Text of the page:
8-14 July 2016 #816

Insulting an ex-President

Why top political leaders love to hate Ram Baran Yadav
Rameshwar Bohara

Gopen Rai

“Hold on!” former President Ram Baran Yadav commanded a Nepali Times photojournalist from taking his picture during an interview last week. He put on a Nepali topi, and then said: “Now you can take my picture.”

In the eight years that he spent in Shital Niwas as Nepal’s first civilian Head of State, Yadav rarely made public appearances without the topi on his head. He carefully maintained the symbolism of promoting Nepal’s national unity and integrity.

This public posture has prompted Madhesi parties that voted for him in the 2008 presidential elections to dislike him intensely. Even non-Madhesi parties have fallen out. As a result of this collective disdain, Yadav is now enduring the state’s apathy bordering on insult.

“I transferred my house in Kathmandu to my daughter, and my land in Dhanusa to my sons, thinking that the state would look after me,” he told us. “But I am facing difficulty managing my life.”

When Yadav quietly left Shital Niwas on a rainy afternoon in October 2015, the Madhes was burning and there was deep polarisation between the inhabitants of the hills and the plains. Yadav wanted to launch a nationwide campaign to stitch the social fabric together again, but he has been consumed by more mundane problems like house rent and electricity bills.

The owner of the house rented by the government for Yadav in Bagdole threatened to throw him out, demanding past dues publicly at a press conference. The government did not budge, and the landlord filed a case at the Lalitpur District Court seeking the administration’s help to get the ex-president to vacate his house. It was only when President Bidya Bhandari took up the matter that the government finally paid the house rent.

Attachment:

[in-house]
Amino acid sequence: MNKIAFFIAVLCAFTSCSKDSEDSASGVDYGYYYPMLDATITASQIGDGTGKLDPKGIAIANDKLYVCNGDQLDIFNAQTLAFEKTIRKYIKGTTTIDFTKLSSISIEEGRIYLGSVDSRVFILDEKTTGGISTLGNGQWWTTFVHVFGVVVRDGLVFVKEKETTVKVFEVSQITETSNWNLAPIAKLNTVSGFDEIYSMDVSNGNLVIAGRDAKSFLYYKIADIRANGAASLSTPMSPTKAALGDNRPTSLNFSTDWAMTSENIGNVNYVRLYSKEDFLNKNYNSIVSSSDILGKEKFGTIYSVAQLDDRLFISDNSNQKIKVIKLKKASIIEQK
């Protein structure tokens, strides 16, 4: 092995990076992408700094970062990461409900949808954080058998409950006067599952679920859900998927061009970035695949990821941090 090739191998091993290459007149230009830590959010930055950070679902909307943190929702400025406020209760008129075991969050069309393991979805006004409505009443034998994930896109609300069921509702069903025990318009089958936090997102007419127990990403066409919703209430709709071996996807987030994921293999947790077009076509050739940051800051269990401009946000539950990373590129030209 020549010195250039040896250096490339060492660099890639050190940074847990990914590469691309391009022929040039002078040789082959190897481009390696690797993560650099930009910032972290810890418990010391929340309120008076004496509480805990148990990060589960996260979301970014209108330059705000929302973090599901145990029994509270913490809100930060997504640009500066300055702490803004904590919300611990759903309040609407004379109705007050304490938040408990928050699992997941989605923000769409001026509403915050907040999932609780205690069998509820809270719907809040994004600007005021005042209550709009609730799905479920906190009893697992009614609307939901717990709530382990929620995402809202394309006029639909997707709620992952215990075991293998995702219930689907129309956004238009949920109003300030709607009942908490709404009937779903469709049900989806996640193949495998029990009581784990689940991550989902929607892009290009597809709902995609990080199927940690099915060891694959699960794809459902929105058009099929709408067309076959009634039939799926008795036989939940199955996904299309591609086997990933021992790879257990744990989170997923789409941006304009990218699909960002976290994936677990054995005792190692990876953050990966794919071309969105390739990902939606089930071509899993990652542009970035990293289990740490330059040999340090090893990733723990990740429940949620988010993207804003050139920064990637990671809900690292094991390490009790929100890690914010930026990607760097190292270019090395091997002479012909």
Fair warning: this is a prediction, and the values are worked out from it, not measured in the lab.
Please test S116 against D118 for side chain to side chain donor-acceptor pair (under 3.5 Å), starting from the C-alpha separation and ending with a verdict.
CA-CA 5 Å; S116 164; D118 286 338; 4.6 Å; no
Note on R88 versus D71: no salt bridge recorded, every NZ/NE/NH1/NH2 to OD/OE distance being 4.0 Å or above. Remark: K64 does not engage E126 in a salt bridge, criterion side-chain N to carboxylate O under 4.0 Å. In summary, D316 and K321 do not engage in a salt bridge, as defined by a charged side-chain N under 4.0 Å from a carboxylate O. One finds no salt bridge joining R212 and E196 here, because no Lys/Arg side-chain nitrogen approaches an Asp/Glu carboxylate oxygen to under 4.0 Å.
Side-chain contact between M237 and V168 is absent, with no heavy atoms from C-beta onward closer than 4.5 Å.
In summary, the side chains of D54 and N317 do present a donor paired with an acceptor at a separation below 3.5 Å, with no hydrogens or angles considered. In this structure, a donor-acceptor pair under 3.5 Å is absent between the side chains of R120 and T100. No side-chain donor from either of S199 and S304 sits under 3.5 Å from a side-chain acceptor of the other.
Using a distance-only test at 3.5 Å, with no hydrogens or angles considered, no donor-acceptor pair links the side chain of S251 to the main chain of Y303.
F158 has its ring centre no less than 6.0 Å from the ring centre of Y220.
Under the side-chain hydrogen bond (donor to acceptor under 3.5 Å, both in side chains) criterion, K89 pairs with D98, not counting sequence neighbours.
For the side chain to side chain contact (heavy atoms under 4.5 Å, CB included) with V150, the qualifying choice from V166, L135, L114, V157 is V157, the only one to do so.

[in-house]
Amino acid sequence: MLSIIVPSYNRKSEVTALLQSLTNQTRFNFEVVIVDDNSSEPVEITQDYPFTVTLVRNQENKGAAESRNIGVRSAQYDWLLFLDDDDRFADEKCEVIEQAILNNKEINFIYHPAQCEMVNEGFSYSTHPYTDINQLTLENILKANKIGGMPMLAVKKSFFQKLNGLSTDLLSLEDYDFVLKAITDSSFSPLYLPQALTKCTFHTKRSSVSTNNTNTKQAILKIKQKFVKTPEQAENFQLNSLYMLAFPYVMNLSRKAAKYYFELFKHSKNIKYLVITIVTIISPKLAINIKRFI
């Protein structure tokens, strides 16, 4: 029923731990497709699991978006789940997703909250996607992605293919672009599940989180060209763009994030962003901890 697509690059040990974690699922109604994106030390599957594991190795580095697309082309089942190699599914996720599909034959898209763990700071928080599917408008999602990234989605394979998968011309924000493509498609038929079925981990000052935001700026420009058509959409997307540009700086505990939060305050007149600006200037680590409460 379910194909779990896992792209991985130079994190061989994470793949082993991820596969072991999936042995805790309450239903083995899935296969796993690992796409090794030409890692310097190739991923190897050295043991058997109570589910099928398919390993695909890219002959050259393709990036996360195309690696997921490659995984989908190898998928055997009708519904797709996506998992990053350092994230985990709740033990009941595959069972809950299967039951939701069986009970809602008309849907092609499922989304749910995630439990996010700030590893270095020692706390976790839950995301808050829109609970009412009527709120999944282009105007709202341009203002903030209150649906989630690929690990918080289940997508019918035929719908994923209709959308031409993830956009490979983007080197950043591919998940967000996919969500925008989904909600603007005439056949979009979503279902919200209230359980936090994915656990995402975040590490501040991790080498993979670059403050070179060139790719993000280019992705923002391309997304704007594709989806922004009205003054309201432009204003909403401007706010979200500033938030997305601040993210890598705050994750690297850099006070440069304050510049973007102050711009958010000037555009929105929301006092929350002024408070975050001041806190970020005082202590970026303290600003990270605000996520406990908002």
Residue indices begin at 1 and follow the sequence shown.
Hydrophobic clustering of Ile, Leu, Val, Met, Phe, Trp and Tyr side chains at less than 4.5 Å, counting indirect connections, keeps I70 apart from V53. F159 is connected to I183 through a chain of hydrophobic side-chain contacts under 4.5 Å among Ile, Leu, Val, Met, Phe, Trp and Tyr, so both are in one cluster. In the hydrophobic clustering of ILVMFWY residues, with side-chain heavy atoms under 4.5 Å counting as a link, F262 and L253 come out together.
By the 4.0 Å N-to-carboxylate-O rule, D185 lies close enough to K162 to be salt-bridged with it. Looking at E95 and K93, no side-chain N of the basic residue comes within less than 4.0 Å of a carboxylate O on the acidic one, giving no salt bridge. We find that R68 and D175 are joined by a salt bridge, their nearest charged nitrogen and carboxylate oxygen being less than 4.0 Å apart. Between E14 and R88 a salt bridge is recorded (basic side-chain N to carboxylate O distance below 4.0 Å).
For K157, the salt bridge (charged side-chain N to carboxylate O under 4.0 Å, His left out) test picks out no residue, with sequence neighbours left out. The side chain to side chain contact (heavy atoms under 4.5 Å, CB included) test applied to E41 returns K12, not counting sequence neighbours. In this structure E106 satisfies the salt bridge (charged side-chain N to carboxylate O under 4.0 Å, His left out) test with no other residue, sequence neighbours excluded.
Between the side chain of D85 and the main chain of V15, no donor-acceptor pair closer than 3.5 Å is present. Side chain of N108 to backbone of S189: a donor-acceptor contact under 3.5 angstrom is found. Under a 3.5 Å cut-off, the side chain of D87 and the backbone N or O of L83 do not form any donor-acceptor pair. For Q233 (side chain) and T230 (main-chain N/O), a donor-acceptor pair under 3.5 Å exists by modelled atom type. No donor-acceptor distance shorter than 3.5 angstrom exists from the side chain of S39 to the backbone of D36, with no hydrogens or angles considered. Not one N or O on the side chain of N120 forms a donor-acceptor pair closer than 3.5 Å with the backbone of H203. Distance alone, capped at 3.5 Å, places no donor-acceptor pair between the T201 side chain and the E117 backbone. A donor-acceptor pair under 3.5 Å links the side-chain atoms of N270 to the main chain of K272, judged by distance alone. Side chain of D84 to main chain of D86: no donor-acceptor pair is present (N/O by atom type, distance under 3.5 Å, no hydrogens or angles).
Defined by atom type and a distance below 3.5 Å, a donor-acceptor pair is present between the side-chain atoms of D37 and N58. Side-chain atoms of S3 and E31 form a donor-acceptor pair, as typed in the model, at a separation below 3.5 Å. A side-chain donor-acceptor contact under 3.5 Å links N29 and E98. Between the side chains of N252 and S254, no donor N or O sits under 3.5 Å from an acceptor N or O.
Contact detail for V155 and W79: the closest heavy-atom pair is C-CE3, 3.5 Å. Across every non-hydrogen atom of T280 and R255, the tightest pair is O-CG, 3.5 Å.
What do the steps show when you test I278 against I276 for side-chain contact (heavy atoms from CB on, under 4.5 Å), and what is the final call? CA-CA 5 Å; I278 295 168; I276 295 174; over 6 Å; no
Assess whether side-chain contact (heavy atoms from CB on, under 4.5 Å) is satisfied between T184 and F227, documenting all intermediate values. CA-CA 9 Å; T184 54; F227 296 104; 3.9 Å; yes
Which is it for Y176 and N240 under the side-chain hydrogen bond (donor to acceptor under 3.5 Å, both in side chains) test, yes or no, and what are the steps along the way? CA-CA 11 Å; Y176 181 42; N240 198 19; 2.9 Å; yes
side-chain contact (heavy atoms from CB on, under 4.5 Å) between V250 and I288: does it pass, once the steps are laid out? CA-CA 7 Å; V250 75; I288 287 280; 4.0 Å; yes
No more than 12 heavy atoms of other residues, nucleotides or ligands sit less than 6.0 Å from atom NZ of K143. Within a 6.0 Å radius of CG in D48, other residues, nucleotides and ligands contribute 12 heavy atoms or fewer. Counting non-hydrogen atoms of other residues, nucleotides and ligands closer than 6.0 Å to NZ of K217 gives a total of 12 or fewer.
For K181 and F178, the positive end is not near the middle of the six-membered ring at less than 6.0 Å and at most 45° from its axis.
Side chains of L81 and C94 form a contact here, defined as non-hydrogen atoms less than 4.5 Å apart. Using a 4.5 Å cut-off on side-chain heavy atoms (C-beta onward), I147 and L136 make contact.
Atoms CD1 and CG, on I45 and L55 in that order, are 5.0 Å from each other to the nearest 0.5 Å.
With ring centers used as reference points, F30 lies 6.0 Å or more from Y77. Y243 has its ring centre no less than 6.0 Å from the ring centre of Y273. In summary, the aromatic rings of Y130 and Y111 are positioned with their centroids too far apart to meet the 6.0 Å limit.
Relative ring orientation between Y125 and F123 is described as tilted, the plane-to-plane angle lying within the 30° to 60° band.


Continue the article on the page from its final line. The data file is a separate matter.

When he was elected President, Yadav had good personal relations with almost all political forces. By the time he retired, most were his enemies. It is not difficult to understand that the state’s current harassment of Yadav is a result of this.  

Prime Minister KP Oli always had good relations with Yadav, but when Yadav advised the Big Three parties to wait for a few days to bring Madhesi dissenters on board before promulgating the new constitution, Oli had snapped back: “A medical doctor knows nothing about legal issues.”  Many believe that Oli’s disdain for Yadav is the main reason for the state’s apathy towards his post-retirement life.

NC President Sher Bahadur Deuba always considered Yadav ‘close to the Koiralas’.  Even when Oli agreed with other parties to re-elect Yadav as President after the new Constitution, Deuba stood against it. When Yadav faced difficulty in living a dignified life befitting an ex-President, Deuba couldn’t be bothered.

The CPN Maoist (Centre) Chair Pushpa Kamal Dahal had pitted Ram Raja Prasad Singh against Yadav in the 2008 presidential election. In 2009, when Dahal as Prime Minister sacked the Nepal Army Chief Rookmangud Katwal, Yadav reinstated him. After this high-voltage political drama, Dahal stepped down and never tried to make peace with Yadav again.

Read also:

Future of a past President

People's constitution

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